FALL 2017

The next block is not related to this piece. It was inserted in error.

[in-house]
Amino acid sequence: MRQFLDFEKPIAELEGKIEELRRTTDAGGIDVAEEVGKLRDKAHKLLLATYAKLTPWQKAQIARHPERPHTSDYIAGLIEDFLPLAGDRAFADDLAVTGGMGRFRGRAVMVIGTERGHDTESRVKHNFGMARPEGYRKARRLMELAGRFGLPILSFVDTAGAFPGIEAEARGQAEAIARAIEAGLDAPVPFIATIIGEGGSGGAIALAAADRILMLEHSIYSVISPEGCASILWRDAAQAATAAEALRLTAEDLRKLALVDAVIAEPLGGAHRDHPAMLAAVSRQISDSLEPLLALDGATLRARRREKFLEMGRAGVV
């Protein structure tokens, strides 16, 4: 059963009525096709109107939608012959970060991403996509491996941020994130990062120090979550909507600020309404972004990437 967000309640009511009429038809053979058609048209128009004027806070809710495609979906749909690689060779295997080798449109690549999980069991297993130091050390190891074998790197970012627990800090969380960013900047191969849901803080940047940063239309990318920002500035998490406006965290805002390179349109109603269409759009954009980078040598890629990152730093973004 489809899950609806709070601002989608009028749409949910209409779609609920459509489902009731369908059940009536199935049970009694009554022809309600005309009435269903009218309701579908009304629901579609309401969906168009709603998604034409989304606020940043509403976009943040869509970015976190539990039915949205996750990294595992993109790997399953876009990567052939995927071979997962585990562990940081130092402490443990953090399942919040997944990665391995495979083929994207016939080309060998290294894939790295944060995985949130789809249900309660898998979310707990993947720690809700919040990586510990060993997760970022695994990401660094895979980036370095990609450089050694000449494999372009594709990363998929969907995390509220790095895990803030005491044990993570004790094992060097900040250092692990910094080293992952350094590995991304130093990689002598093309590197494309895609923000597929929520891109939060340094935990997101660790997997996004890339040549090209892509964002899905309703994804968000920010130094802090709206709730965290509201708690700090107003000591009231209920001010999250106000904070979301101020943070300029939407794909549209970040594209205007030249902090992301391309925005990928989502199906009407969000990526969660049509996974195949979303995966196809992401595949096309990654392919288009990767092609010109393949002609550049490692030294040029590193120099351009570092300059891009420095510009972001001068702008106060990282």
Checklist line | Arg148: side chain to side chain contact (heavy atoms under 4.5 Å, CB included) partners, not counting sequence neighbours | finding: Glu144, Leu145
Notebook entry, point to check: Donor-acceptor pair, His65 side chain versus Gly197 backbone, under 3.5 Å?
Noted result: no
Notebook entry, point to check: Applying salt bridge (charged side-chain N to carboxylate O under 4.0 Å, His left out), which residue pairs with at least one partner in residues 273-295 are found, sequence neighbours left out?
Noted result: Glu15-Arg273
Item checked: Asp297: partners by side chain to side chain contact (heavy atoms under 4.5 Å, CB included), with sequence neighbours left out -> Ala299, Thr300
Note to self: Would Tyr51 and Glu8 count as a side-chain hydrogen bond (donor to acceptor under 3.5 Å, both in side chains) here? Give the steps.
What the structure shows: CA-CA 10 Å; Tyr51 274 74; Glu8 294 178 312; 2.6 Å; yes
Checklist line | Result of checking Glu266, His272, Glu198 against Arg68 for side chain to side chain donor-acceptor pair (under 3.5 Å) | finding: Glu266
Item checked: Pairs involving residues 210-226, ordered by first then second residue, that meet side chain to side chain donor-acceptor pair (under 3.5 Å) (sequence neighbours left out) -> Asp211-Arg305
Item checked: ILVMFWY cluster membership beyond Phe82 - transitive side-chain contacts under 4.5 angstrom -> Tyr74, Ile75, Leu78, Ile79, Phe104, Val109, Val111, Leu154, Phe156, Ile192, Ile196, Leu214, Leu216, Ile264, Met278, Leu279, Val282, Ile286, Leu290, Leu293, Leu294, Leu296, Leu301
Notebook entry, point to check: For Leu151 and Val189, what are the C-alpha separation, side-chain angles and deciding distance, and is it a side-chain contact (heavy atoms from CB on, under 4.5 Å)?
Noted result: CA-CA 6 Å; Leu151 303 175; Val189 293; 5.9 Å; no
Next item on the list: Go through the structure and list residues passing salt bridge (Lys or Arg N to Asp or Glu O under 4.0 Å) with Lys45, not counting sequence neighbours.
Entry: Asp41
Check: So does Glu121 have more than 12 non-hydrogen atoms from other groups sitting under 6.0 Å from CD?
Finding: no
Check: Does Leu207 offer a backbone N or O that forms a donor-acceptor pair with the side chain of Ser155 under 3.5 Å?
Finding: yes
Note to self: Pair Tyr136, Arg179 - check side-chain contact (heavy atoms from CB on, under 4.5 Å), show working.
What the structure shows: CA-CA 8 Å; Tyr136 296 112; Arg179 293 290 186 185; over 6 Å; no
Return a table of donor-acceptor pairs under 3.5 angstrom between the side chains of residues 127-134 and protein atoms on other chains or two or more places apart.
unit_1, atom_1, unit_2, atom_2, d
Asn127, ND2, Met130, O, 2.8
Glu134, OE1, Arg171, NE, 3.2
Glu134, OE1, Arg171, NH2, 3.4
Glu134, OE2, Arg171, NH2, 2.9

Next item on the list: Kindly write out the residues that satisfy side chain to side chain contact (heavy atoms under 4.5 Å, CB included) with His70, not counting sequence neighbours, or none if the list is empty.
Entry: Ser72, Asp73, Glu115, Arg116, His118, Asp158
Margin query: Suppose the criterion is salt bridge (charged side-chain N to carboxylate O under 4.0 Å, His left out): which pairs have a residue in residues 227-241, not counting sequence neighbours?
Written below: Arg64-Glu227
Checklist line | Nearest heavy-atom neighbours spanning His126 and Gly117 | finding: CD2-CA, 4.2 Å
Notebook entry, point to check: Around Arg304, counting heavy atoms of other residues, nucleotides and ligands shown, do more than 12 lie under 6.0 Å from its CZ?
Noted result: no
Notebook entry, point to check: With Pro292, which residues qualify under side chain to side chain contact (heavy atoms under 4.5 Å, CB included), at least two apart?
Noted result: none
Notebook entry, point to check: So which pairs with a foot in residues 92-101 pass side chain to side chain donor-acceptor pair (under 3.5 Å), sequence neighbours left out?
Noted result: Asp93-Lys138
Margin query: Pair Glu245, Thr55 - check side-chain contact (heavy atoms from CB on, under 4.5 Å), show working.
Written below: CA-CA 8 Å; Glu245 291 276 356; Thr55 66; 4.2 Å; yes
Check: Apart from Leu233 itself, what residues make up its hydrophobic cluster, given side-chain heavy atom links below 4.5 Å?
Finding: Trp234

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W hen you read through the Rules of Golf, you notice that important statements are repeated. Statements like: "The substituted ball becomes the ball in play," or "If a ball to be replaced under this Rule is not immediately recoverable, another ball may be substituted." One statement that gets overlooked is actually an entire Rule – Rule 6-5: "The respon- sibility for playing the proper ball rests with the player. Each player should put an identification mark on his ball." The phrase shows up again in Rule 12-2 (Lifting Ball for Identification). The phrase is overlooked because there is no direct penalty for failing to put an identification mark on a golf ball. In fact, there are many golfers who go through entire rounds with a ball identified only by make, model and number (i.e., Titleist, Pro V1, No. 2), and never have any issues with identification. But the statement is repeated in the Rules of Golf because failing to put an identification mark on your ball could lead to some significant penalties. Here are a couple of situations we've encountered and could happen to you if you don't put an identification mark (or many) on your golf ball: Playing a Wrong Ball The most common violation that could arise if you fail to put a mark on your ball is playing a wrong ball. If you look down and see a TaylorMade 2 with no visible markings and play it, you're taking a chance. If you play that ball and then arrive at the green only to see that someone else had put a red line on it—you've played a wrong ball. The penalty for playing a wrong ball is loss of hole in match play, or two strokes in stroke play, and you must correct the mistake by finding and playing the correct ball prior to playing from the next teeing ground. So if you fail to notice that the TaylorMade 2 is not your ball and play from the next teeing ground, you're subject to disqualification. Ouch. If You're Not Sure If you come upon a ball that might be yours but you are not sure, there is a Rule to help you so that you can identify it. Since 2008, Rule 12-2 gives the player the right to use the procedure for identification anywhere on the golf course, even in a water hazard. The player must announce the intention to lift the ball, mark its position and provide the marker, fellow-competitor or opponent an opportunity to observe the lifting and replacement. If it is the player's ball, then the ball must be replaced. If it is not the player's ball, then the player may add it to the golf bag for use later (provided it doesn't belong to someone else on the course). Close Call at Pacific Coast Amateur – Original and Provisional Nearly Identical I was working the eighth hole at Chambers Bay during this year's Pacific Coast Amateur Championship and I noticed a player hit his first drive left. I never saw it land, but had a decent eye on it until about 10 yards before it hit the ground. He played a provisional that flew on virtually the same line, but this time I was able to see where it landed. I found the ball fairly quickly, but within a yard of it was a ball of the exact same brand and number. I was unable to see any markings on either ball except for the brand and number. After four hours of boredom, the Rules Official's 30 seconds of terror began as I tried to remember the Decision regarding a player who cannot differentiate between the original and the provisional ball (it's Decision 27/11). Situation 4 from the Decision would apply and the player would have to select one of the balls and treat it as his provisional if he did not mark one of the balls differently. Fortunately, when the player arrived I asked him if he had a marking on his original (or provisional) and he said he had a black line on the original. Using the procedure in Rule 12-2, he announced, marked and lifted one of the two and it did have a faint black line. It was evidence enough to proceed with it as the original, but he was only a faint black line away from having to incur a stroke-and-distance penalty. Ryan Farb is the NCGA's Director of Rules and Competitions. This year he earned his second straight perfect 100 score on the PGA/USGA Rules exam. Are You Sure That's YOUR Ball? BY RYAN FARB R U L E S O F G O L F NCGA.ORG | FALL 2017 67

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